Today’s Music: Our quartet will sing as the anthem “Lord, for thy tender mercies sake,” by English Renaissance-era composer and playwright Richard Farrant (d. 1580, known for founding Blackfriar’s, a company that featured children’s productions, and for serving at the court of Edward VI). The choral setting is relatively simple, moving homophonically (all voices simultaneously in harmony) at first, but then shifting to imitative on “that we may walk with a perfect heart.” The bass begins (with tenor counterpoint), followed by the alto and then the soprano. David Boelzner

Jun. 24, 2018: Antonin Dvorak

Today’s Music:  The offertory is one of the ten Biblical Songs composed by Czech composer Antonin Dvorak in 1894 while was working in New York. He selected the texts from the Psalms himself.  No. 4 is first part of the well-known twenty-third psalm, “The Lord is My Shepherd.” The texts were originally in Czech but Dvorak provided both English and German translations, which he insured were comfortable for the musical lines. The Czech operatic soprano Eva Urbanova has said, “Even if Dvorak had only written Biblical Songs and nothing else, it wouldn’t have mattered. Whenever I get the chance to sing them, I feel like I’m in heaven.” David Boelzner

Jun. 17, 2018: “El Shaddai”

Today’s Music: The offertory, “El Shaddai,” is a Christian popular song composed (and recorded) by Michael Card (b. 1957) and John Thompson, but made famous by Amy Grant. Card considers himself principally a writer on biblical subjects, and not primarily a songwriter, though he has released 19 individual albums of mostly his music. About half the words of “El Shaddai” are in Hebrew and translate to: God Almighty (or perhaps the all-sufficient), God in the highest, O Lord, we will love you, O Lord. David Boelzner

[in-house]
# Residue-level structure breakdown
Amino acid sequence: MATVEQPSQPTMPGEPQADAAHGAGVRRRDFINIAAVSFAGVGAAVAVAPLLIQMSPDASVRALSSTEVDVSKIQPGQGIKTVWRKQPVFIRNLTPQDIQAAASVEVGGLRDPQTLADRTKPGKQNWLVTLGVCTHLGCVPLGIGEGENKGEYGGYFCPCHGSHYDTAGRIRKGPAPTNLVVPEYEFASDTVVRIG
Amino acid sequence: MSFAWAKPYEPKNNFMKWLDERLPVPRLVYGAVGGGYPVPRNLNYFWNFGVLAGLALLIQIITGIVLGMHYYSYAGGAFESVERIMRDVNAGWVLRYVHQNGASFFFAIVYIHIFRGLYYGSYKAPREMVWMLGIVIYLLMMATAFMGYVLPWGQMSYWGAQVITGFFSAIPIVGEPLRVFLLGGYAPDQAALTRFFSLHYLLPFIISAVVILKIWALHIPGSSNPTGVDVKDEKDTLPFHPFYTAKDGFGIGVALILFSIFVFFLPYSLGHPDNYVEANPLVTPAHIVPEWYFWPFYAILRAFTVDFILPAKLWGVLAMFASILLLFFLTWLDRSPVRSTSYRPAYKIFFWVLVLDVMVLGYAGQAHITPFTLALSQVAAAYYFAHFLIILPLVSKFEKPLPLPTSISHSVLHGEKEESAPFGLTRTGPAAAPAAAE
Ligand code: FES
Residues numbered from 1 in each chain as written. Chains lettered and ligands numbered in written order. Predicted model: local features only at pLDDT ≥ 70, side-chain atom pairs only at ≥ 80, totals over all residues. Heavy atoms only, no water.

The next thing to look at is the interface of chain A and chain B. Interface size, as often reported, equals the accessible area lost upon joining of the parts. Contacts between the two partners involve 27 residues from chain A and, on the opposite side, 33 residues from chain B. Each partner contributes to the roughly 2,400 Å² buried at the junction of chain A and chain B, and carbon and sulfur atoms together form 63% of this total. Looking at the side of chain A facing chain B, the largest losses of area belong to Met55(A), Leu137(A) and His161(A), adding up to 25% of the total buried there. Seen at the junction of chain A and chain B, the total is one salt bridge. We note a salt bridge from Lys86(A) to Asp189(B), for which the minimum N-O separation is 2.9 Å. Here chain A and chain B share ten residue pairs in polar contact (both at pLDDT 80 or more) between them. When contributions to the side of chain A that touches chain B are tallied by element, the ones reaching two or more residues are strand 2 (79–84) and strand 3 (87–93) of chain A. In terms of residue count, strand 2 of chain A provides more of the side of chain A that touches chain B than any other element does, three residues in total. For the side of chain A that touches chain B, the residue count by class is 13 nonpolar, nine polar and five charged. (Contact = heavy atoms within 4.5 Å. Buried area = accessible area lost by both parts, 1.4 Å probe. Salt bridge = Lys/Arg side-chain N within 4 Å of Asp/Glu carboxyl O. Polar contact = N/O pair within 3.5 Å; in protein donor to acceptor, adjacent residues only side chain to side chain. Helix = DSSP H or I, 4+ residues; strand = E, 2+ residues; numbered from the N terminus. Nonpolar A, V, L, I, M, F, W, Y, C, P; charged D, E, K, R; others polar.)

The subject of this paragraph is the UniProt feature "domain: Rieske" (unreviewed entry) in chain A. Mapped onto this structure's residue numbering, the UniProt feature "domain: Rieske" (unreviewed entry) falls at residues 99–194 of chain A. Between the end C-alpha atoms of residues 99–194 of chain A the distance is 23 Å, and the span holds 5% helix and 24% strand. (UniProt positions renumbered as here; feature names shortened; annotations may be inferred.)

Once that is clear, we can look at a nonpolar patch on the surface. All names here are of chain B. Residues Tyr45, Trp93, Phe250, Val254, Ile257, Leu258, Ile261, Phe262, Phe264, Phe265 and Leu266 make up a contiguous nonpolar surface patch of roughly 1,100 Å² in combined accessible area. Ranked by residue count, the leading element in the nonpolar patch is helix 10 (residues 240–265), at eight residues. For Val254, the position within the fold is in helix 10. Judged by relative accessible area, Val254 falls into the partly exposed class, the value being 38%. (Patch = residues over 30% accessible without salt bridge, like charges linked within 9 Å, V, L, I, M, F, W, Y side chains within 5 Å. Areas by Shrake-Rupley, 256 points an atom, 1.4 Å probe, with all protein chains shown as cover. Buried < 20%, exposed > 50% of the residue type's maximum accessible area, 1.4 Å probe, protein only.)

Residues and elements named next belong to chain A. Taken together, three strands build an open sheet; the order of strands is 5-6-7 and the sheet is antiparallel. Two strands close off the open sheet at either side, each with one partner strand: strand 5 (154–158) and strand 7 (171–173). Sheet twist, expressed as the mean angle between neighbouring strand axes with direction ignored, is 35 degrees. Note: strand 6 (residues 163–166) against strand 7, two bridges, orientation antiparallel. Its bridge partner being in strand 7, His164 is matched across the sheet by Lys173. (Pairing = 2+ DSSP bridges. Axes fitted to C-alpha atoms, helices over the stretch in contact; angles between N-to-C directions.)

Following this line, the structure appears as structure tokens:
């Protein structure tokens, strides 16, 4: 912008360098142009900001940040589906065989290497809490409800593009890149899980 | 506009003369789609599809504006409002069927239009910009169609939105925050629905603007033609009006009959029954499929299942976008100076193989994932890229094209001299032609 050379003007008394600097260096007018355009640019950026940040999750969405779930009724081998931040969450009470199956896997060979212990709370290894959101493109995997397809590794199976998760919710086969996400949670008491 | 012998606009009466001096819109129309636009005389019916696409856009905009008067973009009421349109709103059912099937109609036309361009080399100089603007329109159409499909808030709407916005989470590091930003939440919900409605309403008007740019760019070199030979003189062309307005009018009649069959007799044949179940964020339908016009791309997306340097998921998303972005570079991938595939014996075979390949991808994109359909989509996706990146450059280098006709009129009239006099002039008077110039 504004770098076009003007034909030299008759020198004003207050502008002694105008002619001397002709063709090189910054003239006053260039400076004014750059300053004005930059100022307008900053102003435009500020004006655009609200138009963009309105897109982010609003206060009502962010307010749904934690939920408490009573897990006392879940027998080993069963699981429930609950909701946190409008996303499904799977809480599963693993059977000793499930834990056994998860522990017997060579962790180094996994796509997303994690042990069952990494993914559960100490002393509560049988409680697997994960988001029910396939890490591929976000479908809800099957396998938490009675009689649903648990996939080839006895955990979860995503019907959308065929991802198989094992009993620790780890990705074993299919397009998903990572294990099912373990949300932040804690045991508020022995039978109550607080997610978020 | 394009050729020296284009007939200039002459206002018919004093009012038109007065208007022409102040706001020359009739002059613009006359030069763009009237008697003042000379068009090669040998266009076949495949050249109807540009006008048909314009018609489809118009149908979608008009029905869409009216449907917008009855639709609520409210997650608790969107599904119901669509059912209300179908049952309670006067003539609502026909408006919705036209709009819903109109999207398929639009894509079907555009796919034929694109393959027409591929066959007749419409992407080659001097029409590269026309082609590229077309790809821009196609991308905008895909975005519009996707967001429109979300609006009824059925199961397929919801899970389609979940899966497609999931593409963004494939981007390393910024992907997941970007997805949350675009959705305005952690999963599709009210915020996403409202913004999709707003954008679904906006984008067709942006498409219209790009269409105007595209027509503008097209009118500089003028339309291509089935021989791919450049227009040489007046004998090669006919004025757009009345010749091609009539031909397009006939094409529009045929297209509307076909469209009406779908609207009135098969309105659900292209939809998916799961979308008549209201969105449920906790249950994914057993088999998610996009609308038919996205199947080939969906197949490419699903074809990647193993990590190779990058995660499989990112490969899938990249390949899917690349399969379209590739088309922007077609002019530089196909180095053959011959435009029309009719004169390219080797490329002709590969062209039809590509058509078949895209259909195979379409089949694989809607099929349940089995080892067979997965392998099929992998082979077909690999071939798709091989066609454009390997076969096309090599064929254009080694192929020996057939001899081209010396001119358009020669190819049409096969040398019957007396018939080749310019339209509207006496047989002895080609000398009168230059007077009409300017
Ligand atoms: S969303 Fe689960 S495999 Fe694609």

Jun. 10, 2018: “Chant du Menestrel” by Glazunov

Today’s Music: The anthem is Chant du Menestrel (Song of the Minstrel) by the Russian late-Romantic composer Alexander Glazunov (1865-1936). The piece was originally written for cello and orchestra but will be performed for us by Warren Chapman on alto saxophone with Ann accompanying. Composed in 1900, the piece was a huge favorite in the early years of the century, in part because it was performed at the Royal College of Music in 1907 by a 17-year old English cello prodigy named Beatrice Harrison, with Glazunov conducting. The main theme is a melancholy tune, relieved by a slightly lighter theme in the middle section, with the sadder tune returning at the end. David Boelzner

Jun. 3, 2018: Tune “Ebenezer” by Thomas John Williams

Today’s Music: The recessional, (#381, “Thy strong word did cleave the darkness”), is the stirring tune called Ebenezer or Ton-y-Botel. The latter name means “tune in a bottle,” from a legend that the tune was found in a bottle washed up on the Welsh coast. Actually it was composed by the Welsh organist and hymn writer, Thomas John Williams (1869-1944). Like so many musicians, Williams had a day job – in his case as an insurance man – while he played organ in chapels in Pontardawe and Llanelli. Composed as part of an anthem in 1890, the tune has been matched with many texts, including “Once to every man and nation” by James Russell Lowell. David Boelzner